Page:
Category: Alabama Legislature
MONTGOMERY — Renewed efforts to eliminate the state’s sales tax on groceries has been gaining support in the Alabama Legislature, but some are still concerned about how to replace the loss of revenue — nearly $500 million a year — in the Education Trust Fund. Read more.
MONTGOMERY— A bill requiring transgender student athletes to compete on sports teams based on their gender at birth stalled without a vote in a House committee Thursday. Rep. Chris Pringle, R-Mobile, said his “Gender is Real Legislation” is not dead, despite no committee member moving to vote on the bill and advance it. Read more.
MONTGOMERY — An Alabama lawmaker says public schools should extend their summer breaks through Labor Day to help workforce development.
Rep. Steve Hurst, R-Munford, said he’ll sponsor legislation to require that school summer breaks run at least from Memorial Day to Labor Day. If Hurst’s proposal were in effect this year, students would have a 15-week break. He said the current summer breaks don’t give older students enough time to get summer jobs and work experience.
While some business leaders support the move, other school leaders oppose it, saying it takes local control away from school systems and could cause hardship for students and families. Read more.
MONTGOMERY — A state lawmaker wants to increase penalties for cities that violate the state’s law protecting Confederate monuments, but others are concerned about creating financial burdens for smaller cities and the lack of an appeal process.
Sen. Gerald Allen, R-Cottondale, said he introduced the bill in order to preserve the state’s history. “How can you tell the complete story by taking away, by whitewashing, by doing away with something that really you can learn something from it,” Allen said.
Allen’s Senate Bill 127 would increase penalties for violating the 2017 Alabama Memorial Preservation Act from a total of $25,000 to $10,000 a day. Read more.
Recent growth in Alabama’s General Fund revenues has some lawmakers wanting to save for future lean years.
A bill filed Thursday in the Alabama Senate would create the General Fund Budget Reserve Fund.
“Although we are currently enjoying the benefits of the longest period of growth that I am aware of, we will have an economic downturn – we always do,” Sen. Clyde Chambliss, R-Prattville, said. He’s sponsoring the legislation.
“Creating a reserve and planning for a rainy day is just good public policy. When we save for a rainy day, we will be better prepared when tough times come.”
A proposal in the Alabama State House would do away with the Alabama Auditor’s Office and transfer its duties to the Alabama Examiners of Public Accounts Department.
The auditor’s position is created in the Alabama Constitution, so abolishing it would have to be approved by voters through a constitutional amendment.
With voter approval, Senate Bill 83 from Sen. Andrew Jones, R-Gadsden, would shutter the office when Auditor Jim Zeigler’s current term ends in 2022.
MONTGOMERY — Gov. Kay Ivey has told lawmakers she wants the facts on the financial impact of a lottery and expanded gambling in Alabama and is putting together a working group to get them. She won’t take any action on the matter until then, she said.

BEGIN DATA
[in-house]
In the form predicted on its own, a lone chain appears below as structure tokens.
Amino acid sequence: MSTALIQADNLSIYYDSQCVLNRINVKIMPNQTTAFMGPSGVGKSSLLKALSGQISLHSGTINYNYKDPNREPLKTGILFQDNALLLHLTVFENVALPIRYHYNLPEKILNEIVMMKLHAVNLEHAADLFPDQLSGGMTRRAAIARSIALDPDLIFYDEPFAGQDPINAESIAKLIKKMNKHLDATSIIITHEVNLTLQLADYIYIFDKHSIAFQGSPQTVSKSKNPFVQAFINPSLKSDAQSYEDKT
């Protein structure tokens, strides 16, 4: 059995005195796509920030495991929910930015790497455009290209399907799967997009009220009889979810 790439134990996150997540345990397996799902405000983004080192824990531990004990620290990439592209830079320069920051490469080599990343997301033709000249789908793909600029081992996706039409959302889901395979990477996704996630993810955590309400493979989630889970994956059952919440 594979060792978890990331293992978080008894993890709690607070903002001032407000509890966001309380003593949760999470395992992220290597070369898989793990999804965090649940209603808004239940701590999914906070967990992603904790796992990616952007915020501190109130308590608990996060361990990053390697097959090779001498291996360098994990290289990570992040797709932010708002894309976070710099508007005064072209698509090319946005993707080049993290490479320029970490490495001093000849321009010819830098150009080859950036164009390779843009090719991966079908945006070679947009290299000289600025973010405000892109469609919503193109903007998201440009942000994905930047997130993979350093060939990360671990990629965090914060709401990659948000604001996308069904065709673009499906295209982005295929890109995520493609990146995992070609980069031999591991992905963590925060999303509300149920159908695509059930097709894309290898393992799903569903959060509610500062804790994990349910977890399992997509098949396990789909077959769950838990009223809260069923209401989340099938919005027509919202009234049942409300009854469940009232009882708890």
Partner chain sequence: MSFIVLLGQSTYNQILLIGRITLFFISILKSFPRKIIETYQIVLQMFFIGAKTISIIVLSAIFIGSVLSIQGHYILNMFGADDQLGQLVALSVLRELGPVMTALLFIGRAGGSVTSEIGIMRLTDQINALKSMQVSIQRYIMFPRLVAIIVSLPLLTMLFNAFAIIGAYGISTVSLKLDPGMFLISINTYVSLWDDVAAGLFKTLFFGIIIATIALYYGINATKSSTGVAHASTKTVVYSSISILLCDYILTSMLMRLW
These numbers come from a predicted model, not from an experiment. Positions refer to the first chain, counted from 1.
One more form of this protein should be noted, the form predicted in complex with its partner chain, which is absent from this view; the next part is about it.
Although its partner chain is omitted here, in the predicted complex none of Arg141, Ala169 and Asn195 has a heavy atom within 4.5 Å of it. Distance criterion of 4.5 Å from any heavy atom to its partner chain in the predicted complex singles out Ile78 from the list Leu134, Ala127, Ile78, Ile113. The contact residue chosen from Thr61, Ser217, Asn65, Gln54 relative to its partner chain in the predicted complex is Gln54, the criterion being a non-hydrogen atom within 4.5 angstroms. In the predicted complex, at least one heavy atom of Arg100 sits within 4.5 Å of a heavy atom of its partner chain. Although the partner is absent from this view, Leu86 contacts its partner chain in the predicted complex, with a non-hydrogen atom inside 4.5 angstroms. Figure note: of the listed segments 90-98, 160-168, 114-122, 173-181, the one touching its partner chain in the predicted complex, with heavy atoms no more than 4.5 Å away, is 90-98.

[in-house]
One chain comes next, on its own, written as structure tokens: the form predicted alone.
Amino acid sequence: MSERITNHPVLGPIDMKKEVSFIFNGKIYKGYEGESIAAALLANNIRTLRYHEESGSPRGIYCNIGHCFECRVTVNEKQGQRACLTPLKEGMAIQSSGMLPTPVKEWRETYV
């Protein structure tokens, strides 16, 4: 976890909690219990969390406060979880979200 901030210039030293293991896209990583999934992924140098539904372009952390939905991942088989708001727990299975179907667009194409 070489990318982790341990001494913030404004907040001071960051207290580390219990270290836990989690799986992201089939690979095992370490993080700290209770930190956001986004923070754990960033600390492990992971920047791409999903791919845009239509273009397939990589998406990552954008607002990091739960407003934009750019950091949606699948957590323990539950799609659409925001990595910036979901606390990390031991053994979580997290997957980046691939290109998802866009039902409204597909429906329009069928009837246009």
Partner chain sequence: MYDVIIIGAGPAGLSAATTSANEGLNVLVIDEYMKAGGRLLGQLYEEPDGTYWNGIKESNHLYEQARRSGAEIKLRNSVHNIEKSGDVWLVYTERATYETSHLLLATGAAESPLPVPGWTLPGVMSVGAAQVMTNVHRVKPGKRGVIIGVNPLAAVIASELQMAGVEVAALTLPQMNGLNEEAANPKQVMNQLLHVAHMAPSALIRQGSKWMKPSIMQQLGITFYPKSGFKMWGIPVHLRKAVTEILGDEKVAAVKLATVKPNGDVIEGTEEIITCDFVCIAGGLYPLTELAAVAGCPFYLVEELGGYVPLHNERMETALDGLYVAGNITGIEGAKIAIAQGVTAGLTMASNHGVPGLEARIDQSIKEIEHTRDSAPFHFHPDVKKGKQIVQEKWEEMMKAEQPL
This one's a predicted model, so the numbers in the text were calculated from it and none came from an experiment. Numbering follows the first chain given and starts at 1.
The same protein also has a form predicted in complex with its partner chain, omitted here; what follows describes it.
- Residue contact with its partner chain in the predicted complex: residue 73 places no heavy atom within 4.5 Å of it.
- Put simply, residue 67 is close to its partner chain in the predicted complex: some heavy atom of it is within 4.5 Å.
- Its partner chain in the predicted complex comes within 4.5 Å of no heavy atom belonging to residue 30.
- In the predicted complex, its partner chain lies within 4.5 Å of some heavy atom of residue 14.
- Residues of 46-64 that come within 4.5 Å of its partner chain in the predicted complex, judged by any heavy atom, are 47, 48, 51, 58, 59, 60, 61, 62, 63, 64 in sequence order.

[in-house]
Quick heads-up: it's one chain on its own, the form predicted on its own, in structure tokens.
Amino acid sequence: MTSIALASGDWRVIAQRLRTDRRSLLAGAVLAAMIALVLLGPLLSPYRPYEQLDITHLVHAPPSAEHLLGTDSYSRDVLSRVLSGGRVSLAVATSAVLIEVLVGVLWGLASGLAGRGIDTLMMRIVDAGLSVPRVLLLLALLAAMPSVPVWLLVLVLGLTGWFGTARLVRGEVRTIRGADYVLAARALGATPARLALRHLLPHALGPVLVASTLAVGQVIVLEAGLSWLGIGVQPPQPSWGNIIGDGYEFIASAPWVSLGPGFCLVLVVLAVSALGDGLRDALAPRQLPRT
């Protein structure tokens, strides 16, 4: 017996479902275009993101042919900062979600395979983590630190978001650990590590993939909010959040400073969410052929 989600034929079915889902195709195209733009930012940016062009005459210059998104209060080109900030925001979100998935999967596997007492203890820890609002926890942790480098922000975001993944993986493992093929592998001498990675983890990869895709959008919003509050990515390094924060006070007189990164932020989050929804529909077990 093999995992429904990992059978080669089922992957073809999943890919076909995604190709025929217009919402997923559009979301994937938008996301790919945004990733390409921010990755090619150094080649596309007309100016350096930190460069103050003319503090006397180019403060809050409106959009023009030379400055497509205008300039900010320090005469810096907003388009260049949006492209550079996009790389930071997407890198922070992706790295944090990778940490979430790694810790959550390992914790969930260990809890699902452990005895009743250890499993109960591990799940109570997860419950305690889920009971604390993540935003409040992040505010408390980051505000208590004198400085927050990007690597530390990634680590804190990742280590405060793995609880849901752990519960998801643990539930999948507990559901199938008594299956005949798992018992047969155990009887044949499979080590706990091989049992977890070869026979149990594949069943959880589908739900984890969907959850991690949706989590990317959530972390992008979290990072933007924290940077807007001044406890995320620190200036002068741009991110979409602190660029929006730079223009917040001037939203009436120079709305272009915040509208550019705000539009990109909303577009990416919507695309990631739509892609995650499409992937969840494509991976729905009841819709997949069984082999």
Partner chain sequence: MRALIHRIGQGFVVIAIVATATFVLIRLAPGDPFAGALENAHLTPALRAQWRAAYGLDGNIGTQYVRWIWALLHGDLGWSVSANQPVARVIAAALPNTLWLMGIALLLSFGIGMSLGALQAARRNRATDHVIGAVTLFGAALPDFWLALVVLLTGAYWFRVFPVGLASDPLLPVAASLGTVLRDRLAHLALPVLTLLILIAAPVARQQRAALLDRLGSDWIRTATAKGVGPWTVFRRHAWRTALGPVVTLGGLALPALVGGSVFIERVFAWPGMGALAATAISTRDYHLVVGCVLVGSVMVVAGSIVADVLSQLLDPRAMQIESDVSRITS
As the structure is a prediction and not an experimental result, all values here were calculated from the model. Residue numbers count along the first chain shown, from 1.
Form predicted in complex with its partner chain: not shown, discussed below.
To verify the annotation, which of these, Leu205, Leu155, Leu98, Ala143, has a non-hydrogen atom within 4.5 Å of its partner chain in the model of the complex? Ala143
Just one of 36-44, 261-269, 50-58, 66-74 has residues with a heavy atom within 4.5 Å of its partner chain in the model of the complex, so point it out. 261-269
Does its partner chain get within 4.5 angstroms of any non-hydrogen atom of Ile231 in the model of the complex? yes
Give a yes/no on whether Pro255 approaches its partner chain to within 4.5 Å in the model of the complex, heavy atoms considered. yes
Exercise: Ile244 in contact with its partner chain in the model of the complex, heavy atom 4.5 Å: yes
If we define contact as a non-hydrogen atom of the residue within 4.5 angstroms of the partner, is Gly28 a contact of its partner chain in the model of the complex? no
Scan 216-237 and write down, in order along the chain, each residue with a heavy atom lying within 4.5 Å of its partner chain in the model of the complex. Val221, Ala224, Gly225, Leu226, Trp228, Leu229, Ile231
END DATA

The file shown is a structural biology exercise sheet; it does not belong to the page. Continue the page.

But that information is months away, and a key lawmaker said Wednesday he’s moving forward with a proposal for a statewide lottery.
Ivey’s working group also will analyze a possible compact with the Poarch Band of Creek Indians.
“I’ll give them to the year’s end, but if they get through sooner, that’ll be fine too,” Ivey told reporters Wednesday. “But I want them to be thorough and get the facts, that’s all I want is the facts, not recommendations. We just want the facts about how much money the state can expect to gain if we do a lottery or if we do expanded gaming or a compact and what the heck does a compact look like?” Read more.
MONTGOMERY — Bills to deny bail for those accused of violent crimes were discussed in House and Senate committees Wednesday but did not advance.
In the Senate, a constitutional amendment by Sen. Cam Ward, R-Alabaster, would automatically deny bail for six specific violent offenses: murder, first-degree rape, first-degree sodomy, kidnapping, sexual abuse or sexual torture and human trafficking.
The bill, which opponents say would unconstitutionally pre-convict a suspect, is being considered in the Senate Judiciary Committee, where Ward is chairman.
Gov. Kay Ivey on Tuesday night asked lawmakers to support a $1 billion bond for K-12, community college and university construction projects and to slow down on proposals for a lottery or gambling in the state.
The Alabama Legislature convened for its annual session earlier in the day.
In her third State of the State address, Ivey touted the need for new prisons and more funding for mental and rural health and education initiatives. She’s also proposing pay raises for state and education employees.
She said the school bond money could be used for new construction, safety improvements or technology upgrades “Equally important,” she said. “this bond will not include any legislative earmarks for pet projects Read more.
Alabama’s 2020 legislative session begins Tuesday in Montgomery, where the state’s prison crisis and another effort to let Alabamians vote on a lottery promise to be must-watch issues. There’s also the state’s budgets, both with more money and more demands in 2021, and possible raises for state employees and teachers. Increased mental health services, which most agree haven’t been properly addressed in years, and legalizing medical marijuana are also on the table.
Gov. Kay Ivey will give her third State of the State speech Tuesday evening. Read more about some of the issues expected to be debated.